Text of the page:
Stand up straight! Shoulders back, chin up, stomach in! When we think of posture, we think of someone older barking commands at us, but the fact is good posture has a huge impact on our health and wellbeing.
The human body was designed by nature to spend most of it’s time standing up, walking to find food and lying down to sleep. It was never designed to sit in chairs for long hours with the upper body slumped unsupported. When standing and walking, the spine is held in its natural neutral position by the core muscle of the abdomen and back. If it weren’t for the fact that we spend so much time sitting, the core would maintain it’s strength and many problems would be avoided.
To see what good posture looks like, just look at a young child – their back has a graceful ‘S’ curve and their movements are easy and effortless. As we get older, we develop bad habits such as slouching. This and inactivity causes loss of muscle strength leading to fatigue and tension that ultimately lead to poor posture.
Bad posture also has psychological effects. It’s clear that feeling restricted and stiff in your body is going to lead to some depression whereas being upright; feeling free and moving effortlessly is going to enhance feelings of wellbeing and power.
Good posture feels effortless; this is why traditional rules like pushing your shoulders back and sticking out your chest can be uncomfortable. By listening to your body you can make small adjustments while standing and sitting to find positions that feel easy and graceful. It is important to develop a habit of regularly tuning in to your body. If you feel muscle tension or fatigue, move into another position.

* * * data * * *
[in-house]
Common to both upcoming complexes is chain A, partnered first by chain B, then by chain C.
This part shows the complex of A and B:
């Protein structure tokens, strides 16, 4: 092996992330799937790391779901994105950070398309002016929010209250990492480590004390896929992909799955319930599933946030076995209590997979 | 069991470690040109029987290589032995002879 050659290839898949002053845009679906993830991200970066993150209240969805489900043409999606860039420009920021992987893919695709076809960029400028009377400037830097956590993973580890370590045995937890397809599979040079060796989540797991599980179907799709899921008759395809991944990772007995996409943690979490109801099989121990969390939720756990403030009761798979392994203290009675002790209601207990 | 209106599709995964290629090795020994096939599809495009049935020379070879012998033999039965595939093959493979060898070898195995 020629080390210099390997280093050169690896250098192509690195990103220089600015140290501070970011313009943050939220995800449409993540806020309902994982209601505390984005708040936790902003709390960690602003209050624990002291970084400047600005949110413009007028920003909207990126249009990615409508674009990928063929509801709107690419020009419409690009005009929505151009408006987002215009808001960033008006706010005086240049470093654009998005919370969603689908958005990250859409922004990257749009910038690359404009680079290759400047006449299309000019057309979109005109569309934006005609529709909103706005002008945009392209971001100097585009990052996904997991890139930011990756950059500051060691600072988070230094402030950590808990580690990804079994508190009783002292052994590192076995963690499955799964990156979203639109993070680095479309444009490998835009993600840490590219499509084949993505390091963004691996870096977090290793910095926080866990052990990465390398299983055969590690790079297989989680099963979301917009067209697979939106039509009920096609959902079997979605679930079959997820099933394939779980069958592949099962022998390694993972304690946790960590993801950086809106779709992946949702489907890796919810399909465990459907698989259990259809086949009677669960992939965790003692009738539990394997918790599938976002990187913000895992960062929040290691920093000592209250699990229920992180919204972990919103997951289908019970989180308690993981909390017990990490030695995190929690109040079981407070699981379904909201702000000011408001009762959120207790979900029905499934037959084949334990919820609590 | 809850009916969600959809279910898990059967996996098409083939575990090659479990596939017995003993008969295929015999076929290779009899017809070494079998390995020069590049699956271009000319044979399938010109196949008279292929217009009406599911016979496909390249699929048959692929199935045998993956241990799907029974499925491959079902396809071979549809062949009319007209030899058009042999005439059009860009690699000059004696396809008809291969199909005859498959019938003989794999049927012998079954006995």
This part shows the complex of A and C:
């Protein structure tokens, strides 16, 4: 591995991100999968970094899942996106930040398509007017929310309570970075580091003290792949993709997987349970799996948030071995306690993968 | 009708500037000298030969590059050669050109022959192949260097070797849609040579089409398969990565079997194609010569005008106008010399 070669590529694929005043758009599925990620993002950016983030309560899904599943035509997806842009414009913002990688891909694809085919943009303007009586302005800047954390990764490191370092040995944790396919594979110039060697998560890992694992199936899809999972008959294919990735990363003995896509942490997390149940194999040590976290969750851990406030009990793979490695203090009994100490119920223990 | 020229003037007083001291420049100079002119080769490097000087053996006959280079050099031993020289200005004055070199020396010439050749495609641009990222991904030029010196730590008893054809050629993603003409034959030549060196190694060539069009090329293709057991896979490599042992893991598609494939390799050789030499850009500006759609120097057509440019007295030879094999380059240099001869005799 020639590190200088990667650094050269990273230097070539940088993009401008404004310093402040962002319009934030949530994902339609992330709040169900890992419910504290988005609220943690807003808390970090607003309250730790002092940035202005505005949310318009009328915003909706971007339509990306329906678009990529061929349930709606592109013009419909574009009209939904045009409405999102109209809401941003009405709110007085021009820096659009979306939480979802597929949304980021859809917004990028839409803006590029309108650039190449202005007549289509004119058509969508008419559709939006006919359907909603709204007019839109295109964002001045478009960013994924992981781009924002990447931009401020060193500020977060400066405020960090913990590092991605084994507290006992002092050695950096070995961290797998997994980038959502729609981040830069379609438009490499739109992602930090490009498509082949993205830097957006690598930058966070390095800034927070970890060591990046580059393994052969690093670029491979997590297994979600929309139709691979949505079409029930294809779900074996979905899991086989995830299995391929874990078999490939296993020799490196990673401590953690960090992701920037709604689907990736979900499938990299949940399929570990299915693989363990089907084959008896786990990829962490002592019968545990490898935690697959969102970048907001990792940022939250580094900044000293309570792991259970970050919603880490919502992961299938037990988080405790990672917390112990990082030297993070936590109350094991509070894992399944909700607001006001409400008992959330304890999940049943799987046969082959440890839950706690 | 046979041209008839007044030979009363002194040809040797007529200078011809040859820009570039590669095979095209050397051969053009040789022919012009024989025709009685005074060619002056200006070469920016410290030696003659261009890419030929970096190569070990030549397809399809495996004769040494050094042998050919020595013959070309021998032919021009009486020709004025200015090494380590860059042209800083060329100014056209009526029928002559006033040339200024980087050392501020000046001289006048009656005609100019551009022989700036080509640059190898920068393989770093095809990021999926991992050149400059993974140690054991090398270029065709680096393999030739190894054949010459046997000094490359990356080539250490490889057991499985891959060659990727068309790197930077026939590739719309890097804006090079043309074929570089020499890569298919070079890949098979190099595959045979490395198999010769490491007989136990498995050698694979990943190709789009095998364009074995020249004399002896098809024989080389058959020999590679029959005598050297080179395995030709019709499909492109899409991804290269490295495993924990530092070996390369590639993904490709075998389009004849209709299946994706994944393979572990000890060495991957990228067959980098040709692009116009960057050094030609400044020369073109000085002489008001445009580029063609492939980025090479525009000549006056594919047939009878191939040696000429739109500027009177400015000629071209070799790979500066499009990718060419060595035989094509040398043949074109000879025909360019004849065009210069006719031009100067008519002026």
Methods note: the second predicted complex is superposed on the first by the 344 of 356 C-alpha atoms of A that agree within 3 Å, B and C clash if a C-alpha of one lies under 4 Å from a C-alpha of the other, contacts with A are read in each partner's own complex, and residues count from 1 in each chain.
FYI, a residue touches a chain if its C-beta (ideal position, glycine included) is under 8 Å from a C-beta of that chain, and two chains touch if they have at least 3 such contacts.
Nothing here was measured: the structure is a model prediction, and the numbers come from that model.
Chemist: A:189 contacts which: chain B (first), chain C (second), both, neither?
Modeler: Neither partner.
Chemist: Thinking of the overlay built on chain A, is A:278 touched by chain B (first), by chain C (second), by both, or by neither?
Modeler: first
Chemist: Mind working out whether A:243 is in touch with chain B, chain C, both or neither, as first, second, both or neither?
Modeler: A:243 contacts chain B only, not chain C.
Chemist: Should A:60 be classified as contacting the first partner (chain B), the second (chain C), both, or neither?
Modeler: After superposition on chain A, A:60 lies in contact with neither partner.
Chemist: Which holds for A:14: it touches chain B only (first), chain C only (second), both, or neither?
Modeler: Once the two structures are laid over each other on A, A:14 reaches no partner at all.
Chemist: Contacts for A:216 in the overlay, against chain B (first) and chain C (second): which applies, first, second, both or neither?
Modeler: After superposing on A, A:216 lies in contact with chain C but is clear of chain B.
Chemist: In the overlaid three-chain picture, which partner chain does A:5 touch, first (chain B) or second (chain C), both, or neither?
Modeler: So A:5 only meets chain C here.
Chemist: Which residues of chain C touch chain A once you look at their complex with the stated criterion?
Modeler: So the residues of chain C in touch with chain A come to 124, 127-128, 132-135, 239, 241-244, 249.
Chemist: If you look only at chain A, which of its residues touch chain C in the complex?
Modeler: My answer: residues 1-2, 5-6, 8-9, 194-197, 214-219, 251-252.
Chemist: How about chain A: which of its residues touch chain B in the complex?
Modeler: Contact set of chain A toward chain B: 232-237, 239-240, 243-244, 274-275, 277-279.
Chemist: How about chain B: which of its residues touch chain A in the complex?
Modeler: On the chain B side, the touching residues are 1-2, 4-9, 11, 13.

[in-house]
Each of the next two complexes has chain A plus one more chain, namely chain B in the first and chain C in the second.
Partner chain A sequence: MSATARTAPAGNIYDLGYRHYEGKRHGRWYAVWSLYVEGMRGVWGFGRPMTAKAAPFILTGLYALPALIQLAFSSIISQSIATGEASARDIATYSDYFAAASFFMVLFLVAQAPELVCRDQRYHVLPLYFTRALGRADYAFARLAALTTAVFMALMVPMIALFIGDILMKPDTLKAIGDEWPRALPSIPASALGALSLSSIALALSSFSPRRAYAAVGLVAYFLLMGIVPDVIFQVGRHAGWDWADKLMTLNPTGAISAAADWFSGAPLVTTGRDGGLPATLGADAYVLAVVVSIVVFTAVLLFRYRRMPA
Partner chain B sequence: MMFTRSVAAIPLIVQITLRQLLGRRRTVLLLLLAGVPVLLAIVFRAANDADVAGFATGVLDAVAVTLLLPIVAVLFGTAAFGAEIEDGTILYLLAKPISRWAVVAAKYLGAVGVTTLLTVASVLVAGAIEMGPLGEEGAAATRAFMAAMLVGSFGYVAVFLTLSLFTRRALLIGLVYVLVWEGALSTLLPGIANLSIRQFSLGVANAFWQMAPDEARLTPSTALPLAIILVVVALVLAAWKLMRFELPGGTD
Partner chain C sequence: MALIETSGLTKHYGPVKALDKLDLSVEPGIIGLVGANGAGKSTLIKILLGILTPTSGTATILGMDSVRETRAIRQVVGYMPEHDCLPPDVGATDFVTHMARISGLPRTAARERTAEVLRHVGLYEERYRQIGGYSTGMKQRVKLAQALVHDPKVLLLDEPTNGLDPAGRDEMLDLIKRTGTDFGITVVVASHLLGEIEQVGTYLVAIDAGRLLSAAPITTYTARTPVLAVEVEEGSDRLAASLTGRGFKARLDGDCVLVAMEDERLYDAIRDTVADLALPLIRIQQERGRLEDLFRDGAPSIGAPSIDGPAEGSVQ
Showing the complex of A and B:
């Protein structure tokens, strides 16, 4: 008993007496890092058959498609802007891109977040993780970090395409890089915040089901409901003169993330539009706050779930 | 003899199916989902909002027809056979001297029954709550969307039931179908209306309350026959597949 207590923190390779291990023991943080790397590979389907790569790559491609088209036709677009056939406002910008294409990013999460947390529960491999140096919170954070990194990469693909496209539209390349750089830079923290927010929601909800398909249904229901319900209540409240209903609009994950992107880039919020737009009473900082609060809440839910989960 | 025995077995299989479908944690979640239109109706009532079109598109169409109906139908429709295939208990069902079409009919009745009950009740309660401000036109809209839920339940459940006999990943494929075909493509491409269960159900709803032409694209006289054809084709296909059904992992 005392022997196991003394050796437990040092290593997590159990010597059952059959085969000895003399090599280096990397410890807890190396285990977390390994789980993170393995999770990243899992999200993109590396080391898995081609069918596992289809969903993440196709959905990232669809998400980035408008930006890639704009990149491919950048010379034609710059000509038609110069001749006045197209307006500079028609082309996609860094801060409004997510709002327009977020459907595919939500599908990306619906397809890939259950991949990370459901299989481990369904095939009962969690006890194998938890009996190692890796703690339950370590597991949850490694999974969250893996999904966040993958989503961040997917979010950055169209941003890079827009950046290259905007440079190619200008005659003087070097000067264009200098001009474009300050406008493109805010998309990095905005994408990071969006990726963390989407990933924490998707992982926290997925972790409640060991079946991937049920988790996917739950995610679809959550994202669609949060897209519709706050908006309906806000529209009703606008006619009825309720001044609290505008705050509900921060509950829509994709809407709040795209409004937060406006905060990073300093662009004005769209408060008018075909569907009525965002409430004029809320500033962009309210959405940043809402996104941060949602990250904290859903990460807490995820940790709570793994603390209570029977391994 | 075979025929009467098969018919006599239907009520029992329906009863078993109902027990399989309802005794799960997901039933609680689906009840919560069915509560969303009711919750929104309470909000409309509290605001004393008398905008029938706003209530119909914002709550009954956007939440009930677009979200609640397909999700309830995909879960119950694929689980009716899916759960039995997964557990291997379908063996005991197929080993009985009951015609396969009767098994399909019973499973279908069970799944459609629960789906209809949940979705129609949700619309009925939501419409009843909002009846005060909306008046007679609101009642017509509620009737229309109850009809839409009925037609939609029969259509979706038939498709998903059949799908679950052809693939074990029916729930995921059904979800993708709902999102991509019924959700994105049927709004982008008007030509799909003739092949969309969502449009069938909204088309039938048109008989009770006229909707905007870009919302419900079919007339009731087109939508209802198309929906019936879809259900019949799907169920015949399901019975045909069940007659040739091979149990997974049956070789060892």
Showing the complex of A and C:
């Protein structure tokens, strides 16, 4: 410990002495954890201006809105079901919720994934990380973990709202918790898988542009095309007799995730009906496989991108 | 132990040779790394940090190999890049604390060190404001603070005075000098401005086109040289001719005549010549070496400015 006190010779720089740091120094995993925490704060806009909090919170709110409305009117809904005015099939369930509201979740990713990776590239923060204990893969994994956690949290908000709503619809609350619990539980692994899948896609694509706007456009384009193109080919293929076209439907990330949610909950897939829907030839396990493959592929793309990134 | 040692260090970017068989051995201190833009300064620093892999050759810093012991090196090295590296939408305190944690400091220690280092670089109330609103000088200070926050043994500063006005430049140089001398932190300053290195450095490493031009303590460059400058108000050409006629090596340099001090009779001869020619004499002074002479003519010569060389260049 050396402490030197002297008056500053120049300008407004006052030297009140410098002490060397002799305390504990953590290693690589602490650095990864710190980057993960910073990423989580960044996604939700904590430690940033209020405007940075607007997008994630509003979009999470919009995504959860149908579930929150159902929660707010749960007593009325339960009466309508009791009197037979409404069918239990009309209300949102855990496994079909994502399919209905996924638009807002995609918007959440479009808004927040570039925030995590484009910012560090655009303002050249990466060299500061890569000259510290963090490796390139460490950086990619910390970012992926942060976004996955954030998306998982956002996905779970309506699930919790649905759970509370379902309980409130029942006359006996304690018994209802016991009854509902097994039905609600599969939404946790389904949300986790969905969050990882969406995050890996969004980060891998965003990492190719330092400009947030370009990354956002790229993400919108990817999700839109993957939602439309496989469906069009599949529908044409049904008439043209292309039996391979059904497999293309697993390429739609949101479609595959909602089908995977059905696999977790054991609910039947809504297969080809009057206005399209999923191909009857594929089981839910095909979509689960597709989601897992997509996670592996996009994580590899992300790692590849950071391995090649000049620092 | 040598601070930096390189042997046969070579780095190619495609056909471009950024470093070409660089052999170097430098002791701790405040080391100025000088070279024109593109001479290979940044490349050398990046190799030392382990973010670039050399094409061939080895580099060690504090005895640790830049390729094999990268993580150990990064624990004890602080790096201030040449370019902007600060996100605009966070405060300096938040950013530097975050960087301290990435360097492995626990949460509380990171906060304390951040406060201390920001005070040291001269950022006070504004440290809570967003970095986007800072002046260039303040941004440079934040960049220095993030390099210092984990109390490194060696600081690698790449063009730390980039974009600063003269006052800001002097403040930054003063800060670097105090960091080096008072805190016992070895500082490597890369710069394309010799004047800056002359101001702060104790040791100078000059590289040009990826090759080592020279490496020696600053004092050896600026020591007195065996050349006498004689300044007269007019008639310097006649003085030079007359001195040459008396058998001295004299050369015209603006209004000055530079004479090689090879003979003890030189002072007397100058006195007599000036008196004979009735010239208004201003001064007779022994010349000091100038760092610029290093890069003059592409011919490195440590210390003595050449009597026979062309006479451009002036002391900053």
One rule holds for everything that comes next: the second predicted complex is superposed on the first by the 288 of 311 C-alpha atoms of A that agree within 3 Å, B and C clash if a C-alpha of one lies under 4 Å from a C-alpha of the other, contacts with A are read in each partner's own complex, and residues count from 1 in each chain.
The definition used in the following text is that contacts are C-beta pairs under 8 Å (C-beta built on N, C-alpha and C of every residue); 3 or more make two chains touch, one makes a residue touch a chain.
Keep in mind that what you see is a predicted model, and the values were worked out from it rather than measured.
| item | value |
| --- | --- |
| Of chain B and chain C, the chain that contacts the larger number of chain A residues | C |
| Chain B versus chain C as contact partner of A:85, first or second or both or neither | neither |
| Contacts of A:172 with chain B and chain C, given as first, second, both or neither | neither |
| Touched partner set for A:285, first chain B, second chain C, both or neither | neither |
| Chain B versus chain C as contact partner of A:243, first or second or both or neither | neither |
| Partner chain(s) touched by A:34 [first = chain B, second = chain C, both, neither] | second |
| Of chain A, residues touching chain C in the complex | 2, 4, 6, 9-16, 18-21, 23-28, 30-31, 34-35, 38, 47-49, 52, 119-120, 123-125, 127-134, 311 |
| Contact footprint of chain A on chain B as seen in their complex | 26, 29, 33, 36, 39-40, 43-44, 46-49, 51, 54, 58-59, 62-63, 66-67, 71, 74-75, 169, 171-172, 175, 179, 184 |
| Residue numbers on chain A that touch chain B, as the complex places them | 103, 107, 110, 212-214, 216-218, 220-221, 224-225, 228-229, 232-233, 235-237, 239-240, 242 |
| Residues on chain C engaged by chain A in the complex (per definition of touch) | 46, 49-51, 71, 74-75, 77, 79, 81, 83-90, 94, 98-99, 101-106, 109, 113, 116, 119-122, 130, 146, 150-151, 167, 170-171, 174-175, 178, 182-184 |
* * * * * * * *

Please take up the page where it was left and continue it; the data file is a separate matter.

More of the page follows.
Here are some suggestions on how to improve your posture:
Remember the rule of ‘curve reversal’ – for example, if you’ve been leaning over your desk, stretch back the other way.
Perform stretching exercises two or three times a week to boost muscle flexibility.
Exercise regularly to improve muscle strength and tone.
Stretch your neck muscles regularly by turning your head from one side to another.
Your abdominal muscles support your lower back, so make sure they are in good condition. Do ‘abdominal crunches’ (lie on your back and curl your ribcage and pelvis as close together as possible) rather than straight-backed sit-ups (which exercise the muscles of the hips and thighs).
Avoid standing on one foot for long periods of time.
Cross your legs at the ankle, rather than the knee.
Avoid sitting in soft, squashy chairs.
Make sure your mattress is supportive enough to keep your spine straight when lying on your side.
Use a pillow that supports your neck.
Keep your back straight and use your thigh muscles when lifting heavy weights.
Symptoms of bad posture:
Bent knees when standing or walking
Head that either leans forward or backward
Joint aches and pains
See your doctor, physiotherapist, chiropractor or Alexander technique teacher for further information and advice.